As you have seen, the GROUPBY function can easily group and aggregate data, but the results may seem plain and unstructured due to a lack of formatting. For better readability and presentation, you may want to make certain elements stand out, such as headers, subtotals and totals. This can be done using Excel conditional formatting formulas.

The screenshot below provides an example of how the GROUPBY output may appear in your worksheets:

For more insights, keep an eye out for the upcoming article that will detail this approach.

## Excel GROUPBY function not working

If you cannot find the GROUPBY function in your worksheets or your formula results in an error, here are some common issues to help you troubleshoot.

### GROUPBY function not available in my Excel

Currently, the GROUPBY function is a beta feature available only to Office Insiders in the Beta channel. But Microsoft is gradually rolling it out to all Microsoft 365 users. So, if you have a Microsoft 365 subscription, it's a good idea to stay updated with the latest releases.

However, it's important to note that GROUPBY is not backward compatible and won't be available in earlier versions of Excel.

### #VALUE! error

If you're encountering a #VALUE! error, it's likely because the row_fields and values arguments refer to ranges of different lengths. For instance, if the former contains 10 rows and the latter has 11, you'll get a #VALUE! error. Similarly, if the filter_array does not match the length of the row_fields array, it will also result in an error.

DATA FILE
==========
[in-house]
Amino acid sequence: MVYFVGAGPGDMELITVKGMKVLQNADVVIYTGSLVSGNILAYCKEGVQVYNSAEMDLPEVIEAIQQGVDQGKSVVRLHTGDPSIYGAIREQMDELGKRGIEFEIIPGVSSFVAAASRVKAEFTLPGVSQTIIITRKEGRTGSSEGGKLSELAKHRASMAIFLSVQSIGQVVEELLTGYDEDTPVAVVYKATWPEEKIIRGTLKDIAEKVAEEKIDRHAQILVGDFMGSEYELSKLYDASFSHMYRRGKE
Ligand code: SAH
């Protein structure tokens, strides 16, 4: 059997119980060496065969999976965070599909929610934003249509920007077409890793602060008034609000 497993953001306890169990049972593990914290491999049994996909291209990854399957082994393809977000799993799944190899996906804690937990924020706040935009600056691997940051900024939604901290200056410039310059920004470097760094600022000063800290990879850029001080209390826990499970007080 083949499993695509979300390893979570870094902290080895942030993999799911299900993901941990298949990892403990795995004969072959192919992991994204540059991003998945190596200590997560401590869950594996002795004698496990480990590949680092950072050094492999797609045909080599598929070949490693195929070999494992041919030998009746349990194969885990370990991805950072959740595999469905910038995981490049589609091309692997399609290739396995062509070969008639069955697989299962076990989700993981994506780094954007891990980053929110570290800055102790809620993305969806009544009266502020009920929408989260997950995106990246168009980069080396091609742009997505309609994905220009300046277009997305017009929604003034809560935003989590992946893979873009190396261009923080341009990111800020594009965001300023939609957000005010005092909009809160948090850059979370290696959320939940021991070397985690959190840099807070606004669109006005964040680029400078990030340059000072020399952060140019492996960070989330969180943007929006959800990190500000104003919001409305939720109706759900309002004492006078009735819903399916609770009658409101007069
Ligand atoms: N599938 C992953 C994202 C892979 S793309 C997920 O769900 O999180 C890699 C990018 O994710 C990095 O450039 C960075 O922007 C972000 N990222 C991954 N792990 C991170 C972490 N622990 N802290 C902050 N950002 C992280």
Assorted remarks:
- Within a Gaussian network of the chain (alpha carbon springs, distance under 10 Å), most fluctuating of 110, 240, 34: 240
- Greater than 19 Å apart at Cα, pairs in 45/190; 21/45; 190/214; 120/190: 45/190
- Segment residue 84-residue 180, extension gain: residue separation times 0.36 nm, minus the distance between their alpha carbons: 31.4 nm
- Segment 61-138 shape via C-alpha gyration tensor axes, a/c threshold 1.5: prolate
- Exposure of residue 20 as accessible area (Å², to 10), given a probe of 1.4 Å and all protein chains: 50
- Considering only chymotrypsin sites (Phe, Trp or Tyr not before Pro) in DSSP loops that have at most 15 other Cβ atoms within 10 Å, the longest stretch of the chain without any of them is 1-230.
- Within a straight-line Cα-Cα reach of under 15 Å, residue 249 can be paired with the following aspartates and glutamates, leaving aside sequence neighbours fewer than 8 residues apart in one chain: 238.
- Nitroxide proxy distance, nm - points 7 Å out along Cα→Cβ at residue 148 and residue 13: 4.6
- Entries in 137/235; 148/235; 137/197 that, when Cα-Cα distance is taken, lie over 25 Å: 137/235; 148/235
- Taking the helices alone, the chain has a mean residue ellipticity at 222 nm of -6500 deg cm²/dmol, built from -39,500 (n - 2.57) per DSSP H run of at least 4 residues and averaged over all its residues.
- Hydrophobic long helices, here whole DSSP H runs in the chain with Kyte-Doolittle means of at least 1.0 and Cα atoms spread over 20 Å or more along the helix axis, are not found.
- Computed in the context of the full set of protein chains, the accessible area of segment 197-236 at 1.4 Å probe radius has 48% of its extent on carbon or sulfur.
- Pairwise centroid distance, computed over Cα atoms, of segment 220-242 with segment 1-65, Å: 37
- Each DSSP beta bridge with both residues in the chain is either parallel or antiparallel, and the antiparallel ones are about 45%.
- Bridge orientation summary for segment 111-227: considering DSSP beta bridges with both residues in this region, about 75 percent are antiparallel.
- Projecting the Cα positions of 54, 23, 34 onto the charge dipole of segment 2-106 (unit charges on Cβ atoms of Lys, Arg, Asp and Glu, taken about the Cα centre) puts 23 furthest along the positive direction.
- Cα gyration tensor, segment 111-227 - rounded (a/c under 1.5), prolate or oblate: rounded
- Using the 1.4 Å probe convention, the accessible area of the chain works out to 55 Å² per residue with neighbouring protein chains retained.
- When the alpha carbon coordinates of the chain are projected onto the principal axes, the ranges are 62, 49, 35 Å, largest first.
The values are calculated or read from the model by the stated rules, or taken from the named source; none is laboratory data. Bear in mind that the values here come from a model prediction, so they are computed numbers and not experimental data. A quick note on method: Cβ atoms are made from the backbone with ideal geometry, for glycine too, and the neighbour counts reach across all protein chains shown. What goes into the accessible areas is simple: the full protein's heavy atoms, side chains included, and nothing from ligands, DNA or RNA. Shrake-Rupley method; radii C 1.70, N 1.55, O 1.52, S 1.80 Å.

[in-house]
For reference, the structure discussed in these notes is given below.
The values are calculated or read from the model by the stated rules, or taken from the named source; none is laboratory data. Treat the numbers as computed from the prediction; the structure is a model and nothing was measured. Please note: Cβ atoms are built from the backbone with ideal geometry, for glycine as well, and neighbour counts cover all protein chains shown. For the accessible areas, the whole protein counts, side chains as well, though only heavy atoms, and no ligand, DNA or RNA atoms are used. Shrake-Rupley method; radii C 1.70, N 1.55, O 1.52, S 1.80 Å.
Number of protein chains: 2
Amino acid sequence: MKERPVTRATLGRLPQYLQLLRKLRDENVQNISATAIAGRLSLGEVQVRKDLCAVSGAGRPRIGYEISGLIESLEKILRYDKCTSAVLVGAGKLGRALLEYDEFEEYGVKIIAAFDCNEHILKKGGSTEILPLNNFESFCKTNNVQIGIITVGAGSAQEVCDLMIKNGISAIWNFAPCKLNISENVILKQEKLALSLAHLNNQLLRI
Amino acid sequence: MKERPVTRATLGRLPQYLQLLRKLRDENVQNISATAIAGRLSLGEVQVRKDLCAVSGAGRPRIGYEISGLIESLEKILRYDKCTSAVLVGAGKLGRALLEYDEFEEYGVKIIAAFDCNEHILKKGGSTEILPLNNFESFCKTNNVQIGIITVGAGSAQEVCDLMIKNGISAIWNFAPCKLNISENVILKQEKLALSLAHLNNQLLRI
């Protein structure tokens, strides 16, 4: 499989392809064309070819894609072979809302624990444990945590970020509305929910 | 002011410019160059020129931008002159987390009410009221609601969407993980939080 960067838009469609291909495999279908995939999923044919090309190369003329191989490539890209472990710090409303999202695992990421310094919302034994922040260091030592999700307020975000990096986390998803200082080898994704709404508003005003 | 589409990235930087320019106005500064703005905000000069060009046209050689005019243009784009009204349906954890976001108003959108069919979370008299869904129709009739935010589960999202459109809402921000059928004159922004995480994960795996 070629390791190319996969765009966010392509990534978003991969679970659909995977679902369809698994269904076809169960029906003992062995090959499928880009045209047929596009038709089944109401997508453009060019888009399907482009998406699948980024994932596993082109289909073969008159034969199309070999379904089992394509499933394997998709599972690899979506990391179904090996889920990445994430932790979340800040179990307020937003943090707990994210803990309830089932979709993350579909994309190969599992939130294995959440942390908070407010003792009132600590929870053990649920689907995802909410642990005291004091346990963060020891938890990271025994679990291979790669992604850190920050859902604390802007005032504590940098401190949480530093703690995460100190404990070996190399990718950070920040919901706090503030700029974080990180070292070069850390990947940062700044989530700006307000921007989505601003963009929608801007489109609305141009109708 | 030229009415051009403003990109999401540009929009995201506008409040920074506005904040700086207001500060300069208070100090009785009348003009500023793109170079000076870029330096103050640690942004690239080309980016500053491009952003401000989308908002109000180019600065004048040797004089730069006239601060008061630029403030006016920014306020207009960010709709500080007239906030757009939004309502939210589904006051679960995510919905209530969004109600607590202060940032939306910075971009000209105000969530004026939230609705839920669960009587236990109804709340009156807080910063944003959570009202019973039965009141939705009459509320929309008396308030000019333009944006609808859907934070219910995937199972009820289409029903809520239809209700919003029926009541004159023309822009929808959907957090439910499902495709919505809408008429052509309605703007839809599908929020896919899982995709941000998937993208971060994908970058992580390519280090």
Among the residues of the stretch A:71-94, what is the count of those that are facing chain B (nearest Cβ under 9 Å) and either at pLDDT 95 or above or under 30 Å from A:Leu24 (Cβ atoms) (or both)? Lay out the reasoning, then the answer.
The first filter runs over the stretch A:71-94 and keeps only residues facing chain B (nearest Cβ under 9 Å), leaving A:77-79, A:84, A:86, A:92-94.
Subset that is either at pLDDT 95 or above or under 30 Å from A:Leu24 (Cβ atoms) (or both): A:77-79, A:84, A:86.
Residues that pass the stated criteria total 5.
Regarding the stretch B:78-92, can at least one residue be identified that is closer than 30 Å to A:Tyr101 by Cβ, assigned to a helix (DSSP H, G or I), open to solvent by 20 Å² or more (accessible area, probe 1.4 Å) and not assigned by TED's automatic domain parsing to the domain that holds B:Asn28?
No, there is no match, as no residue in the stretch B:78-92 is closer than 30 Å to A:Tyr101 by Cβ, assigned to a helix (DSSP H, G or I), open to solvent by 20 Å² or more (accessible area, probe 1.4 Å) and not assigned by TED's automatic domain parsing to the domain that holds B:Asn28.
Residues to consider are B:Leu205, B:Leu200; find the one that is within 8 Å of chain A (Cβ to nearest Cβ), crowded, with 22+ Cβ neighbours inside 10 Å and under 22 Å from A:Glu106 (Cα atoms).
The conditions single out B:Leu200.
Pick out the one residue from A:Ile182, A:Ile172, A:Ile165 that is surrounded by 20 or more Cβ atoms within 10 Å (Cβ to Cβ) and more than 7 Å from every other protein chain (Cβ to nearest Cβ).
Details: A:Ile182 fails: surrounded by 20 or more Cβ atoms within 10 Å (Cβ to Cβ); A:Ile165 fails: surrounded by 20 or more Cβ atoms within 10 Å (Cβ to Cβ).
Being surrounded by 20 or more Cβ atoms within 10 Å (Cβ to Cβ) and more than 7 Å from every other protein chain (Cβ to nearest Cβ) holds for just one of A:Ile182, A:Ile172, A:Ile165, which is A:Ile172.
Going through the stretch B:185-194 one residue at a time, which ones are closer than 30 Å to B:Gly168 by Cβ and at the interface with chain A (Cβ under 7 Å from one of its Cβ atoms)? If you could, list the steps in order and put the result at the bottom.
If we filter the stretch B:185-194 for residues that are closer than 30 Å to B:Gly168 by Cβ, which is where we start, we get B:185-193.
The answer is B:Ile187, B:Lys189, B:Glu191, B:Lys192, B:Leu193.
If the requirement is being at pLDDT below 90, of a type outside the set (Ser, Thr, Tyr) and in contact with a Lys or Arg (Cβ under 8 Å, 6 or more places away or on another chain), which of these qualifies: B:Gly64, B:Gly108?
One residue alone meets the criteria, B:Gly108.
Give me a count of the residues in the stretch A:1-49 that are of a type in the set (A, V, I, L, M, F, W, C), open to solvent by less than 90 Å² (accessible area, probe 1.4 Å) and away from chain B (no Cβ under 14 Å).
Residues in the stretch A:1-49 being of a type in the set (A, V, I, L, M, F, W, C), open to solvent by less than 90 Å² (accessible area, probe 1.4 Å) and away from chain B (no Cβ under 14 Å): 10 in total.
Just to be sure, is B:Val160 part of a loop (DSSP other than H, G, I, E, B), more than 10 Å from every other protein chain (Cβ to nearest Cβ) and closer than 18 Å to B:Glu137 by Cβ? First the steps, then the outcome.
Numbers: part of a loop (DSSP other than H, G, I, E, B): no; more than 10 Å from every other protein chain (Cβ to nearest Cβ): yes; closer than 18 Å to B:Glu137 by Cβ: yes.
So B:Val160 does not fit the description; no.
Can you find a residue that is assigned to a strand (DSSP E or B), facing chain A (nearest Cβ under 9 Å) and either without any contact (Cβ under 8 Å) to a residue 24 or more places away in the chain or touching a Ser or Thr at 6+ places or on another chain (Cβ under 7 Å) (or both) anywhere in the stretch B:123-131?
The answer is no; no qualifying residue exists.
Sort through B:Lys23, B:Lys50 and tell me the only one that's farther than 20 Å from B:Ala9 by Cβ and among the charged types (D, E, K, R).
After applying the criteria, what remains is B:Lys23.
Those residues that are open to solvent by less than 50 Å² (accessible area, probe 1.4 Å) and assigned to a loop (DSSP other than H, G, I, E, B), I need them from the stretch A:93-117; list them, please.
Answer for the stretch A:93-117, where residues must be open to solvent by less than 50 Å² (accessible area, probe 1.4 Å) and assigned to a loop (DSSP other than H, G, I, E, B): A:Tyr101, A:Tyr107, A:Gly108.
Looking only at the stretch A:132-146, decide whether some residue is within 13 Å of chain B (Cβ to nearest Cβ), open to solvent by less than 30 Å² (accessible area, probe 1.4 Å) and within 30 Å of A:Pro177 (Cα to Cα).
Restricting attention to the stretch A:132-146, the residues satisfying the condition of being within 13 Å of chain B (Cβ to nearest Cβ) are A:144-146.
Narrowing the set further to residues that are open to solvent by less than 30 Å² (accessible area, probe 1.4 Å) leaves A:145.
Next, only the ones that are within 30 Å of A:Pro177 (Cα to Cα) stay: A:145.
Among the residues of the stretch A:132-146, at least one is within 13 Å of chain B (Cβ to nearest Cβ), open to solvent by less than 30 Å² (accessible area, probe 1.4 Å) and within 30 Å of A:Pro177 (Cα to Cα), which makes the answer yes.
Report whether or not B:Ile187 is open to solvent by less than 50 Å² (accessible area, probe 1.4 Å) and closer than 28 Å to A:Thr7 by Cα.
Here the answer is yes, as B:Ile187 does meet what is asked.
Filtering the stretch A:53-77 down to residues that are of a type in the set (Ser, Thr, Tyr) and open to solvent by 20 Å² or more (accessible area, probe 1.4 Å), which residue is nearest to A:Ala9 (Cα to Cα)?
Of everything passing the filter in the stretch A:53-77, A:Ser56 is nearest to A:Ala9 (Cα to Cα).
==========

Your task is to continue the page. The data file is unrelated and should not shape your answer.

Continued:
Another possible reason is that your formula is configured to display subtotals (total_depth set to 2 or -2) while you're only grouping by a single column (row_fields has just one column).

### #SPILL! error

GROUPBY is a dynamic array function that requires sufficient empty cells to display its results. If there's anything in the neighboring cells, even a space or a non-printing character, that prevents the function from spilling over, you'll see a #SPILL! error.

For more detailed information, see #SPILL! error in Excel - causes and fixes.

In conclusion, getting the hang of the Excel GROUPBY function can really open up a world of possibilities for data analysts and professionals. Our examples have shown you how to tweak the function to suit your specific needs, and with a bit of practice, you'll be able to make your data do some pretty amazing things 😊